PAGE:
Officials on Thursday urged people to get their flu shot this year. Last year's flu was mild but experts say that flu is unpredictable and everybody needs to get their flu shot.
"I urge everyone to join me and get a flu vaccine this year," said Dr. Howard K. Koh, Assistant Secretary for Health at the U.S. Department of Health and Human Services. Koh got his flu vaccine during the news conference.
About 42 percent of Americans, aged 6 months or older, are estimated to get their flu vaccines during the 2011-2012 flu season. Children, aged 6 months to 23 months, have the highest rates of vaccinations with over 75 percent while for adolescents, the rate of vaccination is just 34 percent.
Approximately 85 million vaccine doses have already been distributed while an expected 135 million doses of vaccination will be available by the end of season.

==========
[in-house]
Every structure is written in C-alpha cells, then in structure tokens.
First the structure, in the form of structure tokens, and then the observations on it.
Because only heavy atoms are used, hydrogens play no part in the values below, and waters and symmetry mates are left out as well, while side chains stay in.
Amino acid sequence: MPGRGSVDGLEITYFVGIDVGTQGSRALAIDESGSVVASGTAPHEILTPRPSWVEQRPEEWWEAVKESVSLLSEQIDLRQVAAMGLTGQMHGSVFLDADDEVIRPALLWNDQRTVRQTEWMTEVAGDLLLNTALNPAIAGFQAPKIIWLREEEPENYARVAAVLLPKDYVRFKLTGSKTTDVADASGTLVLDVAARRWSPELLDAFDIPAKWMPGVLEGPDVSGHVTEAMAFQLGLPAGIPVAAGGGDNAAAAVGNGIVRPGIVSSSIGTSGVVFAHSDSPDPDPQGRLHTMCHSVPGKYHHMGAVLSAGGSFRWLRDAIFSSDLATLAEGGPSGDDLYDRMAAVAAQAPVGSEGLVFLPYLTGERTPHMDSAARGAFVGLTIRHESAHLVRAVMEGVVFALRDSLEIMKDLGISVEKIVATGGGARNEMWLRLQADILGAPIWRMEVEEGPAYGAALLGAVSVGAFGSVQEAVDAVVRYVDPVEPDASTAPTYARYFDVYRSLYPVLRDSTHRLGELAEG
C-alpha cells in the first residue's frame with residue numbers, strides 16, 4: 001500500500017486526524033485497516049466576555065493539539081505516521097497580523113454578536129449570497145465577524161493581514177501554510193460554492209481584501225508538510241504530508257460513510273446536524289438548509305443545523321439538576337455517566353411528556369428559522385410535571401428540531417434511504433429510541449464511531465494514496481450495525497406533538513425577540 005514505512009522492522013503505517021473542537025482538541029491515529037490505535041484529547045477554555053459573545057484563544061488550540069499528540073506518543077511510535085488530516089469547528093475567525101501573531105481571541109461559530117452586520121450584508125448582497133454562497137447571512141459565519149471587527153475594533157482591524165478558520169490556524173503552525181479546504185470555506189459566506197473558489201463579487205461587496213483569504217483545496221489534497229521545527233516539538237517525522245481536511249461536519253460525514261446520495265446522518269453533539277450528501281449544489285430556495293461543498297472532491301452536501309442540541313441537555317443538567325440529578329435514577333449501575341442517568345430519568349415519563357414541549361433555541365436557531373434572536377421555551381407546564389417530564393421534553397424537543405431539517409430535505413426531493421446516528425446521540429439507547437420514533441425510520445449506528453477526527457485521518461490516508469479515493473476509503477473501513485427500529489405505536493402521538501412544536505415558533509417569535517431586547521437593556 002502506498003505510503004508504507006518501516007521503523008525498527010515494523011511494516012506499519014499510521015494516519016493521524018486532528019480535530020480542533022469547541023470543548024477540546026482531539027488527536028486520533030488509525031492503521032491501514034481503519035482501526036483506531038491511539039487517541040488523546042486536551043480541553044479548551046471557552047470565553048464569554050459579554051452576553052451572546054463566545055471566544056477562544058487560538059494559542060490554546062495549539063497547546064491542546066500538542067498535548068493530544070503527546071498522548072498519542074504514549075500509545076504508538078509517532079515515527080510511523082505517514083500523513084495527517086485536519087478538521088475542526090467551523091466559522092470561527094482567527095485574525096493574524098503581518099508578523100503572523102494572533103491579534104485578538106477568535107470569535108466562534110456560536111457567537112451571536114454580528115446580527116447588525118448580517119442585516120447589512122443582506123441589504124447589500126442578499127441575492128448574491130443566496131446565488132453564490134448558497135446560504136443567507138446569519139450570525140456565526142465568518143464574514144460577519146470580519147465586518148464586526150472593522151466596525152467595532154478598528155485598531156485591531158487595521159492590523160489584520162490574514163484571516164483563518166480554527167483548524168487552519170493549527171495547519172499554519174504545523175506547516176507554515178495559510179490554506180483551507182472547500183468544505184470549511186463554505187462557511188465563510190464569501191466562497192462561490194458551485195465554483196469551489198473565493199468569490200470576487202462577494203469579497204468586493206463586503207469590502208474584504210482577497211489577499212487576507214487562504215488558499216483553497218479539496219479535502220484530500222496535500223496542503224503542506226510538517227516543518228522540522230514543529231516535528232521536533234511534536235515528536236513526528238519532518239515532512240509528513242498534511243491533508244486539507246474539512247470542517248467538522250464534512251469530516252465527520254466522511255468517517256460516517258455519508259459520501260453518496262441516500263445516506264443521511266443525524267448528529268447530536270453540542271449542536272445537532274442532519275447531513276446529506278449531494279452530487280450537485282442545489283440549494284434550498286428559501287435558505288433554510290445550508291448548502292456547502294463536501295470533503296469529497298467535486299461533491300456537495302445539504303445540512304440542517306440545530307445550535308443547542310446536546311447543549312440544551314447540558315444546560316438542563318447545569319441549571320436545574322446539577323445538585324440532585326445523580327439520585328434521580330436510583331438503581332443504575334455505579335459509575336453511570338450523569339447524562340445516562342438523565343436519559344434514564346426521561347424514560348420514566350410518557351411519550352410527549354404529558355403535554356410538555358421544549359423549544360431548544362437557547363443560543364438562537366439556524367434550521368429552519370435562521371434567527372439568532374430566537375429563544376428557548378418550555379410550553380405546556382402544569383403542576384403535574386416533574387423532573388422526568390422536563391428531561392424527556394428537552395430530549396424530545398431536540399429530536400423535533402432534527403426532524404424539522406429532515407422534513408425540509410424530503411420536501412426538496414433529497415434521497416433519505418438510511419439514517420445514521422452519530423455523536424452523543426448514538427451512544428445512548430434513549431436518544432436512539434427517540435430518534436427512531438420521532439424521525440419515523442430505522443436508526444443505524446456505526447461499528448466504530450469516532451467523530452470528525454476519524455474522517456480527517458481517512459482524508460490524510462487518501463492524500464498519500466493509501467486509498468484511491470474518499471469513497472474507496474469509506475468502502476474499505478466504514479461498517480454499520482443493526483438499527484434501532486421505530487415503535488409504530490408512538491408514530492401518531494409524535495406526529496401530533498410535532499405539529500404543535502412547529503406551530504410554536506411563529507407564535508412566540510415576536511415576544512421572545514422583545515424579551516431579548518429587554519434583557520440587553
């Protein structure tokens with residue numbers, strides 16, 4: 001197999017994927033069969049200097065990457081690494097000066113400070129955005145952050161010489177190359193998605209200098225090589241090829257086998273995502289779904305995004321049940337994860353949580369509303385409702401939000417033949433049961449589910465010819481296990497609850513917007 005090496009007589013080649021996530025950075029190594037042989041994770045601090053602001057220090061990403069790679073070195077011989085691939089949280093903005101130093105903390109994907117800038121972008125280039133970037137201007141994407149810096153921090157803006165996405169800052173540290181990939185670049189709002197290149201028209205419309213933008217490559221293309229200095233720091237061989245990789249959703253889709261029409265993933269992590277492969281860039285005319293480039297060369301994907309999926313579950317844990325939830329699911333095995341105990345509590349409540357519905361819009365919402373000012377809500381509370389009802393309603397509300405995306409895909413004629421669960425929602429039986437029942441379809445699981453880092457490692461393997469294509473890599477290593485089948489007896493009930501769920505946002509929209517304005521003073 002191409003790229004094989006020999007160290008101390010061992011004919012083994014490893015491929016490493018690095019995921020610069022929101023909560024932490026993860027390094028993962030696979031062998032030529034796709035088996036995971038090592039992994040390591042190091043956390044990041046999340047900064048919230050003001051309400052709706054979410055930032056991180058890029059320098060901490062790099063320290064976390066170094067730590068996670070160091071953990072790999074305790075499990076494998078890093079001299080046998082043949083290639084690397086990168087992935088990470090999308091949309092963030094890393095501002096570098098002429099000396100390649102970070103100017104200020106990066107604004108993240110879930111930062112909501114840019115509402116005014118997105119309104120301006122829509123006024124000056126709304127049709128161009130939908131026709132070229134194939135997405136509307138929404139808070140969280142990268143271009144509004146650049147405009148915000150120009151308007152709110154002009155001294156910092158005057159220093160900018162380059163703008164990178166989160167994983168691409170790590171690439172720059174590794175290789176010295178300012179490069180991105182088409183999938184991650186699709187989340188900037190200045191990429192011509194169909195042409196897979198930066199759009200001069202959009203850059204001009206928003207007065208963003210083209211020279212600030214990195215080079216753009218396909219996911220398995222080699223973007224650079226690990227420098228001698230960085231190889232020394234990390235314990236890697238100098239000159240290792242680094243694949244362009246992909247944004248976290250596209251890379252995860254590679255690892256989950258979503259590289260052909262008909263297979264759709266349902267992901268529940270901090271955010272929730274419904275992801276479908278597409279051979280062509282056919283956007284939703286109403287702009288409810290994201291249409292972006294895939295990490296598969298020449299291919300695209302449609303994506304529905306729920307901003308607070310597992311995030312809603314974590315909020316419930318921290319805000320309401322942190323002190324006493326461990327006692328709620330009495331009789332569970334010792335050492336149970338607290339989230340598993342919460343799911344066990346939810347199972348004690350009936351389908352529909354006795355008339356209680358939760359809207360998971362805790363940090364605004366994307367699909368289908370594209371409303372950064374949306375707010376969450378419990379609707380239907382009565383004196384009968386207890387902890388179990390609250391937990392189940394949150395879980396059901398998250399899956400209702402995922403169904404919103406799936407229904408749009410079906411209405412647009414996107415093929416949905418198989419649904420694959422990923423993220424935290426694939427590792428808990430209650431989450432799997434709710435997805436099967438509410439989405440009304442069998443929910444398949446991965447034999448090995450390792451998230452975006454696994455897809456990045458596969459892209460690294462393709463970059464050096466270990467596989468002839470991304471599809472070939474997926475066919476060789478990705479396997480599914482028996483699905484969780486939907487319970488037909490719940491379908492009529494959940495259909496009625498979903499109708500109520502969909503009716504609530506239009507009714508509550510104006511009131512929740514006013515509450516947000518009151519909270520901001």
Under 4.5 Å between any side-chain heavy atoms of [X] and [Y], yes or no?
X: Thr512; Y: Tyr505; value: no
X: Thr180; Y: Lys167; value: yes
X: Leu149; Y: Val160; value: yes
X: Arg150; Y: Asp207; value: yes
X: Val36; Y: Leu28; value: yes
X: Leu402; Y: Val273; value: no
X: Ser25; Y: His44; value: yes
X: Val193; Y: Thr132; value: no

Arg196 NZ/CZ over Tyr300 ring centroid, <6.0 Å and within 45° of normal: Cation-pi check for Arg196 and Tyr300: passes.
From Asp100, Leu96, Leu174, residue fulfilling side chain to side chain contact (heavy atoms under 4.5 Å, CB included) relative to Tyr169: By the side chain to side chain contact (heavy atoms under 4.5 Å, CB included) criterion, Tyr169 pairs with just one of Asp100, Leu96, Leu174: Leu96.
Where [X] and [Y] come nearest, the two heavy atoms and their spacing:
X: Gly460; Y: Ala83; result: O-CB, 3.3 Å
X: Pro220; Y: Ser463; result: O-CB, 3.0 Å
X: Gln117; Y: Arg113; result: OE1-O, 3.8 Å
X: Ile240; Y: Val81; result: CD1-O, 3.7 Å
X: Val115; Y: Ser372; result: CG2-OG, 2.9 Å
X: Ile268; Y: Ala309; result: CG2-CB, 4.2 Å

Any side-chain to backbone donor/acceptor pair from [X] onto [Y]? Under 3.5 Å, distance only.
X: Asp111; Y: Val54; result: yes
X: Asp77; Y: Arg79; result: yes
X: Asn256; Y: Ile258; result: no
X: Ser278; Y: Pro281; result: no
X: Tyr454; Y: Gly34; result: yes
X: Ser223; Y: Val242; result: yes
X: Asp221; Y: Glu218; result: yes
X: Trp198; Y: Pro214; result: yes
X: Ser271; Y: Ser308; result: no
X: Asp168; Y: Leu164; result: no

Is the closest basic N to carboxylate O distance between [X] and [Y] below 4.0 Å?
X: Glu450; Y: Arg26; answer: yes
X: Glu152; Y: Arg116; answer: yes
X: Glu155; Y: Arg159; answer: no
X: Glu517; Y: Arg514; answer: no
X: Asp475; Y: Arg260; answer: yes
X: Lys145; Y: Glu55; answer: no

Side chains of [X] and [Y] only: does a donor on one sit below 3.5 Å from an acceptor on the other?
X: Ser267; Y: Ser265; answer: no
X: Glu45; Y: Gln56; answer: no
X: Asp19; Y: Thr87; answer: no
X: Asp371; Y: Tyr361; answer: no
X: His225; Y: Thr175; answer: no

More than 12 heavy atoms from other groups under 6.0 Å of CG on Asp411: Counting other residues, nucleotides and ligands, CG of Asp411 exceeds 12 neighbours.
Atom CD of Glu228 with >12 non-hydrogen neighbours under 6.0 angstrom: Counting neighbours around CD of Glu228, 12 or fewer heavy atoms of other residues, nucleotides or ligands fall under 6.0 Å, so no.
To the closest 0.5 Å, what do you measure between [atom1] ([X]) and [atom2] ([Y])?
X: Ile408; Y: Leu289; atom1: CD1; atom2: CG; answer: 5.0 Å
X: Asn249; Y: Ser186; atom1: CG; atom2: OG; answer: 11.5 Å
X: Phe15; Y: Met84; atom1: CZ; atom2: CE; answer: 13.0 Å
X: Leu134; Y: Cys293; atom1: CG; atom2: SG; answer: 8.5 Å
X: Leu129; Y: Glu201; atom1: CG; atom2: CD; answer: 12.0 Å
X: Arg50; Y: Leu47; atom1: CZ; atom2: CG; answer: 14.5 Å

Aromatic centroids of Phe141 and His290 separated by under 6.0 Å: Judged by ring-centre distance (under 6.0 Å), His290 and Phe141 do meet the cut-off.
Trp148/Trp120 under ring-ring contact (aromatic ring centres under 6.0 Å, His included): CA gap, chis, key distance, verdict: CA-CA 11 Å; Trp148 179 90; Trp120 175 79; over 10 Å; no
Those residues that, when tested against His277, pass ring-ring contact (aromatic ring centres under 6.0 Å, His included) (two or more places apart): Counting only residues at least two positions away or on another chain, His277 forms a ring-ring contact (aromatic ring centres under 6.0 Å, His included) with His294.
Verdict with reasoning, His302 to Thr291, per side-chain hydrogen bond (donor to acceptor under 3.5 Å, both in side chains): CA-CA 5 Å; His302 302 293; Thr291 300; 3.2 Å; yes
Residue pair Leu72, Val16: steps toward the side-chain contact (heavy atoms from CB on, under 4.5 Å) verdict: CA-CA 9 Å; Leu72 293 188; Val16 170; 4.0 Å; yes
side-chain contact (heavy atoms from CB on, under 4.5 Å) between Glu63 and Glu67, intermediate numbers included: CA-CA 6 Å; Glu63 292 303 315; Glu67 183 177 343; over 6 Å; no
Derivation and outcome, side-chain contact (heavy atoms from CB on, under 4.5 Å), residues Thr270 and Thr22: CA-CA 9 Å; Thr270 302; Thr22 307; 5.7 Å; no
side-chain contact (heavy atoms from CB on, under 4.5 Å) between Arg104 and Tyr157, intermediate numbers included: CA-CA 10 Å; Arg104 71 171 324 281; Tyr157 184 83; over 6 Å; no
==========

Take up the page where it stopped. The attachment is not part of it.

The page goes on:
"The past three years have demonstrated that influenza is predictably unpredictable. When it comes to flu, we can't look to the past to predict the future. Stay healthy -- get vaccinated!" Dr. Koh said.
Influenza and pregnant women
Experts at the news conference urged all pregnant women to get vaccinated against the flu. According to data released at the news conference, about 47 percent of pregnant women had received the flu vaccine last year, a rate that has remained consistent over the years.
"Influenza is five times more likely to cause severe illness in pregnant women than women who are not pregnant," said Laura Riley, MD, director of Obstetrics and Gynecology Infectious Disease, Massachusetts General Hospital. "The flu vaccine is safe and offers protection for the mother. Research shows it can decrease the baby's risk of getting the flu for up to six months after birth," Riley who was representing American College of Obstetricians and Gynecologists (ACOG) said in a press release.
Vaccination remains the first line of defense against influenza, the Centers for Disease Control and Prevention said in the news conference, along with good personal hygiene and appropriate use of drugs against flu for those who get infected.